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Topic: Re: Use of origin/zero in calibration curve  (Read 22632 times)

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Offline furanosa2000

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Re: Use of origin/zero in calibration curve
« Reply #15 on: January 25, 2013, 09:30:30 AM »
@curiouscat: thats should be the forcing to zero things.. but how to decide that the "b" can be omitted? if there is a "b" value it tells you that the instument is giving you signal, eventhough in the absence of the analyte.. If we omit it, thats mean that we neglect the signal that actually exist.. am I wrong here?

Offline curiouscat

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Re: Use of origin/zero in calibration curve
« Reply #16 on: January 25, 2013, 09:38:38 AM »
@curiouscat: thats should be the forcing to zero things.. but how to decide that the "b" can be omitted? if there is a "b" value it tells you that the instument is giving you signal, eventhough in the absence of the analyte.. If we omit it, thats mean that we neglect the signal that actually exist.. am I wrong here?

The unsaid assumption behind subtracting blanks is that we have a strong prior belief that "Instrument ought to give no signal in absence of concentration. Any signal is mere error."

If yes, then isn't "conc. = a x signal" a better model than "conc. = a x signal + b" (when using corrected signals)

Offline furanosa2000

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Re: Use of origin/zero in calibration curve
« Reply #17 on: January 25, 2013, 09:47:49 AM »
if that the case, I think we have to include the (0,0) point when calculating the linear regression.. discarding the (0,0) will spoil your assumption that "Instrument ought to give no signal in absence of concentration. Any signal is mere error." because when you have this assumption, then (0,0) means no signal when no analyte.. But, if I not mistaken, to discard the "b" value, we have to have some statistical test before we decide it.. anyone familiar with that?

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Re: Use of origin/zero in calibration curve
« Reply #18 on: January 25, 2013, 12:12:11 PM »
The unsaid assumption behind subtracting blanks is that we have a strong prior belief that "Instrument ought to give no signal in absence of concentration. Any signal is mere error."

No, the assumption is that any signal in the absence of a substance is a background that will not change when the substance is present.

Such a signal can be unavoidable in some systems (say you are measuring presence of a brown contaminant in a slightly yellow substance), and to some extent it is always present - there is no such thing as perfectly transparent cuvette and perfectly transparent solvent (even if we often assume they are perfectly transparent, and we are usually right with a very high accuracy).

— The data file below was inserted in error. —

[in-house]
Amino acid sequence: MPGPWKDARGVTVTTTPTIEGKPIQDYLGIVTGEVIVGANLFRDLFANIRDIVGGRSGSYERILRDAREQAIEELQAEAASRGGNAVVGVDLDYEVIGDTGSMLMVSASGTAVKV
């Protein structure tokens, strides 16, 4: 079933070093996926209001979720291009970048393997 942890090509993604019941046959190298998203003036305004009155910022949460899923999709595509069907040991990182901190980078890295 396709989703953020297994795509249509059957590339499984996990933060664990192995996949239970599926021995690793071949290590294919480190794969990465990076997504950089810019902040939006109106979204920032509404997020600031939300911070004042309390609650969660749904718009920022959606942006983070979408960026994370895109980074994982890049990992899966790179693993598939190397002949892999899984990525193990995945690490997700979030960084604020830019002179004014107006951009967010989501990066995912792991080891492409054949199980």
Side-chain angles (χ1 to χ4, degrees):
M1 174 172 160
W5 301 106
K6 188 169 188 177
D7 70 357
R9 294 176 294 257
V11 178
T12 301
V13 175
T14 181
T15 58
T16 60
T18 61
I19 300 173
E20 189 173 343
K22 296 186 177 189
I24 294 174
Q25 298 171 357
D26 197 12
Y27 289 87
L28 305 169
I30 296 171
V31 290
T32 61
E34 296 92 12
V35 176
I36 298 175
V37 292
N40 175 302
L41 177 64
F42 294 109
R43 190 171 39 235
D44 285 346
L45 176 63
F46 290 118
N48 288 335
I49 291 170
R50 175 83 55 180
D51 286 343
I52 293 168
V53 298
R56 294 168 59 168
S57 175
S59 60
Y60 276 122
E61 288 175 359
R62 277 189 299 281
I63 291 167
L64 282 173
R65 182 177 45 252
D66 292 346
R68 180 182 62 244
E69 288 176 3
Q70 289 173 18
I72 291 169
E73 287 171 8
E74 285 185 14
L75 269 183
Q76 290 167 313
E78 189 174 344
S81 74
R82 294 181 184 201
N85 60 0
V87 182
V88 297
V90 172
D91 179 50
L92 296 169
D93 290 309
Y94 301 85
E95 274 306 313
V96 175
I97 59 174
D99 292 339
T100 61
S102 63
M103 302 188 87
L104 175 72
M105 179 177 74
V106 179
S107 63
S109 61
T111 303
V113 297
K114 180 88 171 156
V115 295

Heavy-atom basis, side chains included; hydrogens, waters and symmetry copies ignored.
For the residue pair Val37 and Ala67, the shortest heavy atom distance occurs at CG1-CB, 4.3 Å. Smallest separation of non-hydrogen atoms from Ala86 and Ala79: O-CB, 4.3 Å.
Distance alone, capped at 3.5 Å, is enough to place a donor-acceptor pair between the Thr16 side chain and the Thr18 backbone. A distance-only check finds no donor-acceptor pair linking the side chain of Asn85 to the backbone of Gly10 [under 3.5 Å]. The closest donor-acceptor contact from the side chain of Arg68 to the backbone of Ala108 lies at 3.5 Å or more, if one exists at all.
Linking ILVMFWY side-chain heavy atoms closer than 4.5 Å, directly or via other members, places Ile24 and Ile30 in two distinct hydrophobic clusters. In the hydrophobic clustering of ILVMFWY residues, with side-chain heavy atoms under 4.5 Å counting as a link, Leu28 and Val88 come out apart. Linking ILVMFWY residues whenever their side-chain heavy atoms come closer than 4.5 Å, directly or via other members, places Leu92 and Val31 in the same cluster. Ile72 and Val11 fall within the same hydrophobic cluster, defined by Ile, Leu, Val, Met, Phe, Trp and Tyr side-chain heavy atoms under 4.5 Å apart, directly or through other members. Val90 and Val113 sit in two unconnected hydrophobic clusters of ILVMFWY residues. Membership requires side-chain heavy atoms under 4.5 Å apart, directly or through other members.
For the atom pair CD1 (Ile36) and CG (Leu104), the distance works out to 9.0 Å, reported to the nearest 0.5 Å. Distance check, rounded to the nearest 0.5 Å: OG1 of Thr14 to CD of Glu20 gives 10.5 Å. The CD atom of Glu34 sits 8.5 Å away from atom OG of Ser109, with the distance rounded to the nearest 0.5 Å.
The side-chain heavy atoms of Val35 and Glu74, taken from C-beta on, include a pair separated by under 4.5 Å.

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Offline curiouscat

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Re: Use of origin/zero in calibration curve
« Reply #19 on: January 25, 2013, 12:36:26 PM »
The unsaid assumption behind subtracting blanks is that we have a strong prior belief that "Instrument ought to give no signal in absence of concentration. Any signal is mere error."

No, the assumption is that any signal in the absence of a substance is a background that will not change when the substance is present.

Such a signal can be unavoidable in some systems (say you are measuring presence of a brown contaminant in a slightly yellow substance), and to some extent it is always present - there is no such thing as perfectly transparent cuvette and perfectly transparent solvent (even if we often assume they are perfectly transparent, and we are usually right with a very high accuracy).

Yes, you said it better.Even so, isn't that a stronger case to use y=ax in the regression?

Offline JGK

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Re: Use of origin/zero in calibration curve
« Reply #20 on: January 25, 2013, 02:02:13 PM »
Actually, shouldn't the best way be to use blank corrected values, discard (0,0) and then use a regression y=ax instead of y=ax+b?

Why is that not an option?

Have you ever tried to blank correct HPLC chromatograms?
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Offline curiouscat

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Re: Use of origin/zero in calibration curve
« Reply #21 on: January 25, 2013, 02:06:49 PM »
Actually, shouldn't the best way be to use blank corrected values, discard (0,0) and then use a regression y=ax instead of y=ax+b?

Why is that not an option?

Have you ever tried to blank correct HPLC chromatograms?


Nope.

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